Brooklyn's The Forms release Albini-produced album 

click to enlarge In rare form: The Forms
  • In rare form: The Forms

A few years back, the Brooklyn-based quartet The Forms were playing to a small but appreciative crowd at The Mr. Roboto Project. Wrapping up its set of complex math-rock grooves, the band unexpectedly ripped into a cover of Nirvana's "All Apologies." A few noses wrinkled in distaste, or at least, confusion -- it seemed so out-of-step with the band's odd time signatures and interlocking guitars. Was this supposed to be a tribute? An ironic send-up of rock 'n' roll anthems? If nothing else, it seemed a bit soon to cover what had been one of the most popular songs on the planet.

Fast-forward a few years, and it seems the vaguely gauche coda was in earnest. "We recently have reincorporated it back into our set with some different twists and things, like harmonies," notes Alex Tween, The Forms' singer and guitarist. "I think it's a lot better now." While to some, cover songs may reek of good-timey bar bands, Tween sees them as a creative exercise.

"A really good test of a person's creativity is what they do with a cover, if they do it totally straightforward or if they just totally re-envision it," Tween says. "It also appeals to my inherent laziness!" The Forms recently recorded a cover of "Ignoreland" for an Automatic for the People tribute album being put out by music Web site Stereogum.

It's also worth noting that cover songs first brought The Forms together. High school pals Tween and drummer Matt Walsh played in a band; the twin Kenny brothers, Brendan (guitar) and Jackson (bass), played in another high-school group. "We all played a battle of the bands, and their band played a Shudder to Think song called "Red House" and our band covered a Shudder to Think song called "X-French Tee Shirt,'" recalls Tween. "We were like, 'Oh, we're probably the only people on earth that would ever do this.' So we became friends after that." (Tween notes that, upon hearing this story, Shudder to Think's Craig Wedren commented, "God, you must've went to a really weird school!")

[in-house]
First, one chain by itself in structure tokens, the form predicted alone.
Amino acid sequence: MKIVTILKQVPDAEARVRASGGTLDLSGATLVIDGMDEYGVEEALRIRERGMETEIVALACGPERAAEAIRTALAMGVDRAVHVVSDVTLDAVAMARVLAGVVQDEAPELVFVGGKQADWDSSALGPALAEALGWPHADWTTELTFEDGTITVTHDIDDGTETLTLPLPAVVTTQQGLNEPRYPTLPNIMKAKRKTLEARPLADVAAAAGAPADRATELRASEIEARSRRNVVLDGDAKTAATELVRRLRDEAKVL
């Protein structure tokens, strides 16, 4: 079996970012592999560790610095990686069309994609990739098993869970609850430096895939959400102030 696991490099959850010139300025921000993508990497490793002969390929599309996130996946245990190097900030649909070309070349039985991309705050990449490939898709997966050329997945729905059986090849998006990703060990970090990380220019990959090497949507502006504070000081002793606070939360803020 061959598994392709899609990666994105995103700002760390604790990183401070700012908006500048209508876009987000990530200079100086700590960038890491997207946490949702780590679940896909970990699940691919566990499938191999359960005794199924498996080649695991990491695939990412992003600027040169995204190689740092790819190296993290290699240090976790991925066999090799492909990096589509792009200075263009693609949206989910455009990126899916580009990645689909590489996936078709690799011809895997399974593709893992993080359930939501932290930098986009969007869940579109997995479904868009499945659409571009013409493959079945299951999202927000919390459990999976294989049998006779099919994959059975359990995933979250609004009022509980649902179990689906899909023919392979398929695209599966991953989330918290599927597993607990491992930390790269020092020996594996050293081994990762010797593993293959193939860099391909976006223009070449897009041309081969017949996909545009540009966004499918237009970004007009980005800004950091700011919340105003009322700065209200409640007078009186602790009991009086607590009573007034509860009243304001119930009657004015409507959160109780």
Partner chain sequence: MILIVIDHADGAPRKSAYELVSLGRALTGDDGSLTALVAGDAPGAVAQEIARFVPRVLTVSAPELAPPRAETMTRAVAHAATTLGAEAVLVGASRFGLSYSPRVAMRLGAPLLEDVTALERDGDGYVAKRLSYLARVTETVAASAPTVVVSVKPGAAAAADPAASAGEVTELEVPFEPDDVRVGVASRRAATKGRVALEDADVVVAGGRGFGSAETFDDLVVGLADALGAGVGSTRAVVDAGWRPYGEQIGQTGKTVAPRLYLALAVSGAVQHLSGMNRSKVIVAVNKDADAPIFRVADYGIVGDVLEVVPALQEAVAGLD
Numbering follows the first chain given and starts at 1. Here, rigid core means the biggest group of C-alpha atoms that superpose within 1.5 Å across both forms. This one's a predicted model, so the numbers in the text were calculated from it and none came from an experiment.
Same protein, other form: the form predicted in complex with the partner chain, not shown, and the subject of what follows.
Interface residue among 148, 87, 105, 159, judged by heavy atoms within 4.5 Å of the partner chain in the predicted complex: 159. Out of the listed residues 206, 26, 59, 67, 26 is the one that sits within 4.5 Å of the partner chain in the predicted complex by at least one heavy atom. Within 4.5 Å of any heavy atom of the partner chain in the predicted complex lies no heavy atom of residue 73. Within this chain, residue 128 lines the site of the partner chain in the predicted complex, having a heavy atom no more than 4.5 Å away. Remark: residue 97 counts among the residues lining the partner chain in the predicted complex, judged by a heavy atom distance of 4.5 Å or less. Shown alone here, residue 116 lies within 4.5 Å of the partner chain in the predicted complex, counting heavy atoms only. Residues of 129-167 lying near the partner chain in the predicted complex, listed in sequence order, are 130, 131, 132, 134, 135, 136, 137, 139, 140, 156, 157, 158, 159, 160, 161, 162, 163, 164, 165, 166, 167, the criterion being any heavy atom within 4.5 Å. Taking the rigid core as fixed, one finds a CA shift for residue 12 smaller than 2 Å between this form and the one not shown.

If any doubt remains that The Forms' once-and-future Nirvana cover is in earnest, look no further than the band's decision to record both 2003's Icarus and the current self-titled album with In Utero ur-producer Steve Albini at his Electrical Audio studio.

Despite Albini's reputation for being a bit acidic, Tween says, "It's so relaxing with Steve in a way, because he has so much experience, you never have to worry about anything getting screwed up, or anything he does not coming out right. It's the whole package, really -- him being really smart and knowing sound at a really deep level, and also having taste, having been an artist in his own right, and just the personality where he'll not try to dominate, and will let the artist do what the artist wants."

It's a relationship that's working well for The Forms. Pitchfork gave Icarus an 8.5, among favorable press from other major outlets, and the band has been opening for groups like The National, The Hold Steady, Minus the Bear and others. And with more concise songs and a brighter tonal palette, the new self-titled disc seems even more likely to capture an audience for the band, which still essentially self-releases its music under its Threespheres label.

Opening with "Knowledge in Hand," the record successfully welds a math-rock mentality to pop tendencies, in a manner similar to Minus the Bear's recent epic, Planet of Ice. Complex 5/4 and 7/4 rhythms underpin Tween's anthemic, soaring vocals; interlocking guitar parts coexist peacefully with more atmospheric textures reminiscent of My Bloody Valentine, especially on the sweeping album closers, "White Dot" and "Getting It Back."

According to Tween, key to making these disparate ingredients gel into something genuinely musical and pleasurable is keeping it natural. "At this point, when I hear something that's in 5/4 or 7/4 that feels normal to me, and when I play something that's in 4/4 that feels wrong," he says. "If we do it straightforwardly, that's what feels awkward to us." In fact, the only song that's in a conventionally straightforward rhythm is "Oberlin," a song that dates back to Tween and Walsh's high school days, when Tween was applying to Oberlin College's music conservatory. "I got in, but I didn't end up going," Tween laughs.

If there's one thing that's important to take away from The Forms, it's that, whether they're covering Nirvana or playing a battle of the bands or devising a rhythm that you kinda want to figure out on graph paper, it comes from an open musical impulse. "We do care about something being expressive and human and having some kind of emotion to it."

The Forms with Johnny 23 and Life in Bed. 10 p.m. Thu., Nov. 1. Lava Lounge, 2204 E. Carson St., South Side. $4. 412-431-5282



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